I like the term curious, because it describes both seeking knowledge, and a certain level of weirdness. I am a curious learner. I find it hard to stay within the confines of one discipline.
I also associate curiousity with the New Yorker. I suspect the main reason why I have been a passionate subscriber for many years is that the magazine exercises my curiosity. There have been numerous times when I found myself absorbed in a long article on a topic I thought I had no interest in - only to discover that everything is interesting.
Relatively little is known about curiosity. We have some beginning theories about how it works, but not much more. What is the relationship between learning and curiosity? Is curiosity the fire that feeds our motivation for learning? How could we describe different levels of curiosity (some people seem more curious than others, but how could we describe the difference)? Is curiosity an important evolutionary trait?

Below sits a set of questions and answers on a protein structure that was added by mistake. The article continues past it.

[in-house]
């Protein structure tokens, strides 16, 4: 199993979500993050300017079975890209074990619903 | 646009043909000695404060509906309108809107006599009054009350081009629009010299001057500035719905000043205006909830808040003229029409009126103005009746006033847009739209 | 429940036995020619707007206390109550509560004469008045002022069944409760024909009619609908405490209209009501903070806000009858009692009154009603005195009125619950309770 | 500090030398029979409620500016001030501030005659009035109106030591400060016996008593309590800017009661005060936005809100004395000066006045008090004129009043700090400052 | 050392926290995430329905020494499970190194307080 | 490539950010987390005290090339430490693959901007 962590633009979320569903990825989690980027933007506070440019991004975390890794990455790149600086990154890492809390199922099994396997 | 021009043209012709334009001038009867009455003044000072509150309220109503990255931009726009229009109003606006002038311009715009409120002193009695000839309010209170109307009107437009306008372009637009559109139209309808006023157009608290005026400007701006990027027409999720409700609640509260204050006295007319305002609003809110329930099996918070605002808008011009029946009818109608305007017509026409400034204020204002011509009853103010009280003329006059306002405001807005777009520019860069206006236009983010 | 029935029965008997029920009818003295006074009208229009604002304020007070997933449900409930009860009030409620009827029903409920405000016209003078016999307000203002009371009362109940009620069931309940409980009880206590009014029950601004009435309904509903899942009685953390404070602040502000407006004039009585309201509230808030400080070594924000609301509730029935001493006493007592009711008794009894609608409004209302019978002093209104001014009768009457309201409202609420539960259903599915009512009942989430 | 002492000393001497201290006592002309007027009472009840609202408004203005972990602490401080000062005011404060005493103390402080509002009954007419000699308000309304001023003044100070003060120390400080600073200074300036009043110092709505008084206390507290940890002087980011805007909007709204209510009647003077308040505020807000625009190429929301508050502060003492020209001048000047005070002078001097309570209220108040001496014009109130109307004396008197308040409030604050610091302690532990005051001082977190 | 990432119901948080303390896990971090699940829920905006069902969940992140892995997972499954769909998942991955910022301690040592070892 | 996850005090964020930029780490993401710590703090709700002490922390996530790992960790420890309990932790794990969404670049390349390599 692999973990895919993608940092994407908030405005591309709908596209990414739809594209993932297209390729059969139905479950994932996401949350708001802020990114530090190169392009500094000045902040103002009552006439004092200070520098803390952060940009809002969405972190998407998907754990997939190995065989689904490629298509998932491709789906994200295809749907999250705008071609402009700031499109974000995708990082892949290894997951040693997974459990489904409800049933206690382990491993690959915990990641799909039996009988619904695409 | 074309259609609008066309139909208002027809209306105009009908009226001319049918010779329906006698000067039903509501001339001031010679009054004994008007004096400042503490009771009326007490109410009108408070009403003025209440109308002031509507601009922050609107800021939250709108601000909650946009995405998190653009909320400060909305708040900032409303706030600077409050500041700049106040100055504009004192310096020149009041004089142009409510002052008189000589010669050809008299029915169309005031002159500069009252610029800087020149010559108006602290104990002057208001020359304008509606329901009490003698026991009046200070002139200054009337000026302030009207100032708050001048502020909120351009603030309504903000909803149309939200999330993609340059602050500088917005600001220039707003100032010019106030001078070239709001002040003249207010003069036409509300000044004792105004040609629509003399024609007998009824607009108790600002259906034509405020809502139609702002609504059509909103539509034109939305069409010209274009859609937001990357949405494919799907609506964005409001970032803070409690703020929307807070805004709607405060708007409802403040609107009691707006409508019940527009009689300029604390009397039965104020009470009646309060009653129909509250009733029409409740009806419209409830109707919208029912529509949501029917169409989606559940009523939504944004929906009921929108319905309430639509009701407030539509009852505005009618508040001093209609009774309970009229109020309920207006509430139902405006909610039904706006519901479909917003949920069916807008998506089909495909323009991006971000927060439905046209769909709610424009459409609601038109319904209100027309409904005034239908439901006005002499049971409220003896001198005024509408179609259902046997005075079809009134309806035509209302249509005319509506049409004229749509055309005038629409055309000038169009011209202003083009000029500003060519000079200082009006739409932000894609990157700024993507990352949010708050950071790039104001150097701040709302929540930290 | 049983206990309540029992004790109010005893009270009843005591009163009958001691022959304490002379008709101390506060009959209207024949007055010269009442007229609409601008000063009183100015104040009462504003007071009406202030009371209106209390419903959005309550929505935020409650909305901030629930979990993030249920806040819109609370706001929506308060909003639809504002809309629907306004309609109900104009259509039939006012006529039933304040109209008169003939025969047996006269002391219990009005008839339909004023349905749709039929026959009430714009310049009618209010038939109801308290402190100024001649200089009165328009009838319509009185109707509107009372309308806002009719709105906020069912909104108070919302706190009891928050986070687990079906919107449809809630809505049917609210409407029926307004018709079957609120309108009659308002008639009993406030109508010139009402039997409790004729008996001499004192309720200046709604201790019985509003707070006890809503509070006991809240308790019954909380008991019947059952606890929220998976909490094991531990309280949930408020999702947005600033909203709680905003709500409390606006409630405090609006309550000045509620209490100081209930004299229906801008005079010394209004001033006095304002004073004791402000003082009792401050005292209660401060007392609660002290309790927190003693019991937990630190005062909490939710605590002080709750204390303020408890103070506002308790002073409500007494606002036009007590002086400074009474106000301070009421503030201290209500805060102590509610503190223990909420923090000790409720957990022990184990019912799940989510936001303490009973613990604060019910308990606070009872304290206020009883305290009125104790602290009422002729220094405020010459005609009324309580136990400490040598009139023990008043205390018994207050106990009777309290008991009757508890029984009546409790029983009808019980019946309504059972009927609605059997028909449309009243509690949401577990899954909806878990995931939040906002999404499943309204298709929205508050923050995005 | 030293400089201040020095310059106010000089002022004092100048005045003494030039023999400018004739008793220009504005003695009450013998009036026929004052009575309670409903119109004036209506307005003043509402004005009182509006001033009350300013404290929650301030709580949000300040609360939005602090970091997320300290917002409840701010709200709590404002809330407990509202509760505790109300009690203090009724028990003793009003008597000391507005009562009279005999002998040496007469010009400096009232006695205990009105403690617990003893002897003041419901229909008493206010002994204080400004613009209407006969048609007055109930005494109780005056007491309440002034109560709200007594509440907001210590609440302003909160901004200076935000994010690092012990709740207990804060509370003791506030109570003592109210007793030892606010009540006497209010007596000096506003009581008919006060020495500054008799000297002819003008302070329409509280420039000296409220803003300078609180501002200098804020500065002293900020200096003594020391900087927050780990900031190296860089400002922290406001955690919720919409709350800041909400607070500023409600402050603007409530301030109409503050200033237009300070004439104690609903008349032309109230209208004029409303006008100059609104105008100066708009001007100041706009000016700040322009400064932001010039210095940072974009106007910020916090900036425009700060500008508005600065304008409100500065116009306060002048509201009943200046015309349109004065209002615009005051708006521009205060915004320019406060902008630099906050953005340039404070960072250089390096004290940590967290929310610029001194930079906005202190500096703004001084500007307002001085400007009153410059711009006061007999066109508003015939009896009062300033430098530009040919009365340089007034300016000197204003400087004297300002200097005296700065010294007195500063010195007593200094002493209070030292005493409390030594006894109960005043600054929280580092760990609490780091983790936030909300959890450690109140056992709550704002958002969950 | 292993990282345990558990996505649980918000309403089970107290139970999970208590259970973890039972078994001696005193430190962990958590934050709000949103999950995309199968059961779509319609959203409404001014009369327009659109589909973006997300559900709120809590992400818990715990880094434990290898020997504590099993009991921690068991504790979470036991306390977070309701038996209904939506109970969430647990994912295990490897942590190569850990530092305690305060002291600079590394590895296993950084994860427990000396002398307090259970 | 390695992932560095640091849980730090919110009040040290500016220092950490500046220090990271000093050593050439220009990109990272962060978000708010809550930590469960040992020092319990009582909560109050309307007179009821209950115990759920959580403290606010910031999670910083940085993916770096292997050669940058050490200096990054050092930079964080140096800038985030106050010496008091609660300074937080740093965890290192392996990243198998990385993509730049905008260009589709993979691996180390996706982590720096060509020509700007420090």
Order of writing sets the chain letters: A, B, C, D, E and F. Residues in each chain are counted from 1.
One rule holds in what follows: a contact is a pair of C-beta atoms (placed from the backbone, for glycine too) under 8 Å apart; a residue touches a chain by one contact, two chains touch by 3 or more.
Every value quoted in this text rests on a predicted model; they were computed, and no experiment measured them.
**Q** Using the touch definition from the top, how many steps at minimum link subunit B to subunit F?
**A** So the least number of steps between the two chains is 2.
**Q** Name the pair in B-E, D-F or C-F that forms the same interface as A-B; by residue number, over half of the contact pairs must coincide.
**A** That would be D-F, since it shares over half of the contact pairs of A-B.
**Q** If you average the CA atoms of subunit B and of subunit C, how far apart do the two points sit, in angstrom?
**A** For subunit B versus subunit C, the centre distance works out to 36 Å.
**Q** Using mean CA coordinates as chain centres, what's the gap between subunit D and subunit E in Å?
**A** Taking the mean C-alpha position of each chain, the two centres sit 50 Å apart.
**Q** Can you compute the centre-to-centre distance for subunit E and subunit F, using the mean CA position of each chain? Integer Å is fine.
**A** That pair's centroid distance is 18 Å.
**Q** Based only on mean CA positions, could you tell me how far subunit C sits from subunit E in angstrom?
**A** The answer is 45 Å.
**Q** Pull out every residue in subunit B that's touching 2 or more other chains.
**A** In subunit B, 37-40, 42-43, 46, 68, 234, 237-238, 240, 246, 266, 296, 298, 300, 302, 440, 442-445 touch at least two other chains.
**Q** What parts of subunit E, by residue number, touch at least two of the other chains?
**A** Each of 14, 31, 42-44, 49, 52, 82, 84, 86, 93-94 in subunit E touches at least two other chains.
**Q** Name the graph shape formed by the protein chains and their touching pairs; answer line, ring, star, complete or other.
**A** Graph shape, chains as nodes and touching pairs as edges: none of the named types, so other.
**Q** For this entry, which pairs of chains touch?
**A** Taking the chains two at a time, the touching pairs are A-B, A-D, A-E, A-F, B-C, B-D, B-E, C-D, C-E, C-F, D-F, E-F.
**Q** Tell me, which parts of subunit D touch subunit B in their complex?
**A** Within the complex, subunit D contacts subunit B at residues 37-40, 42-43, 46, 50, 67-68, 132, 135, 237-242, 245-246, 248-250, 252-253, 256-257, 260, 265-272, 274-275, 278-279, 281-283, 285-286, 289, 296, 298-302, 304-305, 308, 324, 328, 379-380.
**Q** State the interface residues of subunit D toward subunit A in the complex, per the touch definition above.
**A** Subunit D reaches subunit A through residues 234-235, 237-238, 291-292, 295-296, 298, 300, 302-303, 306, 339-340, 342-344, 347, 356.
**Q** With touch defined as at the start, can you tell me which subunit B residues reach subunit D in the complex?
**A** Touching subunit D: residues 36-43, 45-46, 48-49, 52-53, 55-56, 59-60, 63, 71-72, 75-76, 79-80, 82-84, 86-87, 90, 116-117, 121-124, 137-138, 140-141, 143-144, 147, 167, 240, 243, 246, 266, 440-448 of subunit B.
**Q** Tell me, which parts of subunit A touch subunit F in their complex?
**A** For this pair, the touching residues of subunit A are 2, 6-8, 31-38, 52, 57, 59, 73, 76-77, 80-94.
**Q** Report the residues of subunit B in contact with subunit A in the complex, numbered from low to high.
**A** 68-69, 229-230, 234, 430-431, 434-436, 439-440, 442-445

One thing we seem to know is that declining curiosity is a reliable predictor for Alzheimer’s.
Curiosity itself is a little curious. As one participant at the recent Pearson event at the MIT Media Lab remarked, some of the most important skills or dispositions can’t be tested. Asking someone to demonstrate their level of curiosity for a topic, makes it impossible to determin if the curiosity is genuine or not (even if it was genuine, by trying to observe it, it is not invisible). We can maybe observe it in retrospect, but even knowing that it might be observed in the future, makes curiosity hide from us. I find that fascinating.